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Intellectual Property Created During Employment

Intellectual property created during employment relates to employees creating products, documents, and materials which are copyrightable. These goods and products include things such as designs, blueprints, documentation and otherwise.

For more information on what is considered copyrightable under the Copyright Act 1968 (Cth) and the Copyright Regulations 1968 (Cth), see our article Copyright in Australia.

Under the legislation, any material that is either classified as an ‘original work’ or ‘subject matter other than work’ is copyrightable by the author. This includes intellectual property created during employment. However, sometimes the material is not owned by an employer and may be held by the employee.

Work produced in the course of employment

The general rule is that any intellectual property created during employment is owned by the employer. This rule is found under section 35(6) of the Copyright Act.

For something created during employment to be copyrightable and owned by the employer, the following must be satisfied:

  1. The creator is an employee; and
  2. The intellectual property was created during employment.

It is important for both employees and employers to know who owns intellectual property created during employment.

Intellectual property created during employment

When the copyright is owned by an employer, the employee has no way of recourse if the copyright is infringed. This is exactly what had happened in the case of Beloff v Pressdram. There, a London Observer employee took The Private Eye to court over copyright infringement. Because the employee obtained intellectual property in their ordinary course of employment with the London Observer, the court held that only the London Observer could take The Private Eye to court over copyright infringement. This was because the employee did not have rights over the copyrighted material.

Who is an employee?

For a worker to be considered an employee under the Copyright Act 1968 (Cth), different factors must be taken into account. This includes the employment status of the worker. It also includes how and when the worker is being paid, hours of work and whether there is holiday pay.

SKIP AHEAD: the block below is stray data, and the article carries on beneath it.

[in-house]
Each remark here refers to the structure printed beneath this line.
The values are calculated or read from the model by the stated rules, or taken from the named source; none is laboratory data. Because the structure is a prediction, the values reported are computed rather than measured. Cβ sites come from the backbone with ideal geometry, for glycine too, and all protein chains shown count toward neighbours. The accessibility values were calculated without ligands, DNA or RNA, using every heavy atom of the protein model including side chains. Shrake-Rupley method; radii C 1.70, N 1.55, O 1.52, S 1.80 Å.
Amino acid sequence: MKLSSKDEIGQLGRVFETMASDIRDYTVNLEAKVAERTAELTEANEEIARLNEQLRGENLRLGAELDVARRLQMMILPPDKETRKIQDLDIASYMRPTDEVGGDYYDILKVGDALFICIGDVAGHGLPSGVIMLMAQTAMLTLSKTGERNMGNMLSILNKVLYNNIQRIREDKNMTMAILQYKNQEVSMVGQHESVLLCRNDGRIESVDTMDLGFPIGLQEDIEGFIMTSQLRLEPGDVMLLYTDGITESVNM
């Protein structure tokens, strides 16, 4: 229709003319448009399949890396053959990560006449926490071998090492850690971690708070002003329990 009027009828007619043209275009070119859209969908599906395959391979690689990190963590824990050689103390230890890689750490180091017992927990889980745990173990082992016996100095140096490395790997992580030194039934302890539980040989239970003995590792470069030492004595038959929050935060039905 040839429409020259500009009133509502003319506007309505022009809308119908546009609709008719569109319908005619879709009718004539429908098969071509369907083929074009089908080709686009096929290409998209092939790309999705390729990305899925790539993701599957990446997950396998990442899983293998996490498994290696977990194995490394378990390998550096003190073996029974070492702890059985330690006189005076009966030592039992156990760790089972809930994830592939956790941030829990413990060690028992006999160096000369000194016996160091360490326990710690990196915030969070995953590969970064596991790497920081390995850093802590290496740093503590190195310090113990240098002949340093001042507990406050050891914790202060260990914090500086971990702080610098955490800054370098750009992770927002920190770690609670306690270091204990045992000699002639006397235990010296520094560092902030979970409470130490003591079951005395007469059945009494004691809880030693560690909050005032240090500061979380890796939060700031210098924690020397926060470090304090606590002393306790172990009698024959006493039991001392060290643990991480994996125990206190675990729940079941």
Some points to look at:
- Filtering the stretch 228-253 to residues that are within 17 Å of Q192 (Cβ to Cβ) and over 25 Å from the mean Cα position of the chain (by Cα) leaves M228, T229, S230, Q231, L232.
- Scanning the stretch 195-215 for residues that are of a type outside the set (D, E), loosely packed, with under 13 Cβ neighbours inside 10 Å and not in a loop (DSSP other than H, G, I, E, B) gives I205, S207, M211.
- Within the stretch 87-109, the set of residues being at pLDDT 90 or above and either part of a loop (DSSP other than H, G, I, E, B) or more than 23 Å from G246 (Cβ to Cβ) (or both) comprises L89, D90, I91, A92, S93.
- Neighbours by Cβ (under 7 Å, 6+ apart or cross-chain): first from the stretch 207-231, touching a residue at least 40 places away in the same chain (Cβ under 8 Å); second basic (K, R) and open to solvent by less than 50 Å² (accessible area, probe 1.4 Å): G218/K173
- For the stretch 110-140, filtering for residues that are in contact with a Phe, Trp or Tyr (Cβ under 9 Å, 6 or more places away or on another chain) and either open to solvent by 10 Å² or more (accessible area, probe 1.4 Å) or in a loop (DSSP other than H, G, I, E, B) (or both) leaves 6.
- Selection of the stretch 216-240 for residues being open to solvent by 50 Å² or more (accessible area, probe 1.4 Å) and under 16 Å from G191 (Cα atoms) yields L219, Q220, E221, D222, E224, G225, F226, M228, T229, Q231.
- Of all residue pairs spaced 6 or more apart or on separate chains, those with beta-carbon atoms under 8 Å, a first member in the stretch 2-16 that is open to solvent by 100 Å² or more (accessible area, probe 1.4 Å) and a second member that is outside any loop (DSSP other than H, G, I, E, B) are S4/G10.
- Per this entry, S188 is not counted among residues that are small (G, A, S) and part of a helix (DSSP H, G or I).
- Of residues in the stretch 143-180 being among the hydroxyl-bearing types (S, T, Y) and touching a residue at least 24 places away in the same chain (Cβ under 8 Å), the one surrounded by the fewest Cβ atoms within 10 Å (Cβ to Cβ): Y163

The court in Stephenson Jordan & Harrison Ltd v Macdonald & Evans (1952) 1 TLR 101 considered the question of employee for copyright purposes. It held that the best way to determine whether a worker was an employee or not is to look at whether the worker is an integral part of the business or merely an accessory. The High Court of Australia accepted this United Kingdom case in Stevens v Brodribb Sawmilling Company Pty Ltd.

This means that even if a worker is paid for their services, it does not mean that they are an employee for the purposes of the Copyright Act. If a business exercises discretion and control over the work, it is more likely that the worker would be an employee rather than an independent contractor.

The court in Oceanroutes (Australia) Pty Ltd v M C Lamond [1984] AIPC 90-134 found that independent consultants retain copyright over the work they produce. This is, of course, unless the contract explicitly says otherwise.

Was the intellectual property created within the terms of employment?

Intellectual property created during employment can only be owned by an employer if the intellectual property was created in the course of employment. This means that the employee must have created the intellectual property while they were completing their employed duties. For instance, an employee is employed as a graphic designer. The employee is ordered to design graphics by the employer. All of those graphics would be intellectual property created during employment and the property of the employer.

This question was explored in the case of EdSonic v Cassidy [2010] FCA 1008. In that case, the judge noted that it is not just a question of whether the author is employed but whether what they make is made in furtherance of the contract of employment. The question to ask is whether the employee would make the intellectual property because the contract of employment expressly or implicitly required, or at least authorised, it to be made. In that sense, the court focused on the importance of what was written in the contract of employment.


Michelle Makela

Michelle Makela is one of our Legal Practice Directors and the National Practice Manager. She holds a Bachelor of Laws, a Bachelor of Science (Psychology) and a Master’s in Criminology. Michelle has had a varied career, working in commercial litigation, criminal law, family law and estate planning. Michelle joined Go To Court Lawyers in 2011. She now supervises a team of over 80 solicitors across Australia.

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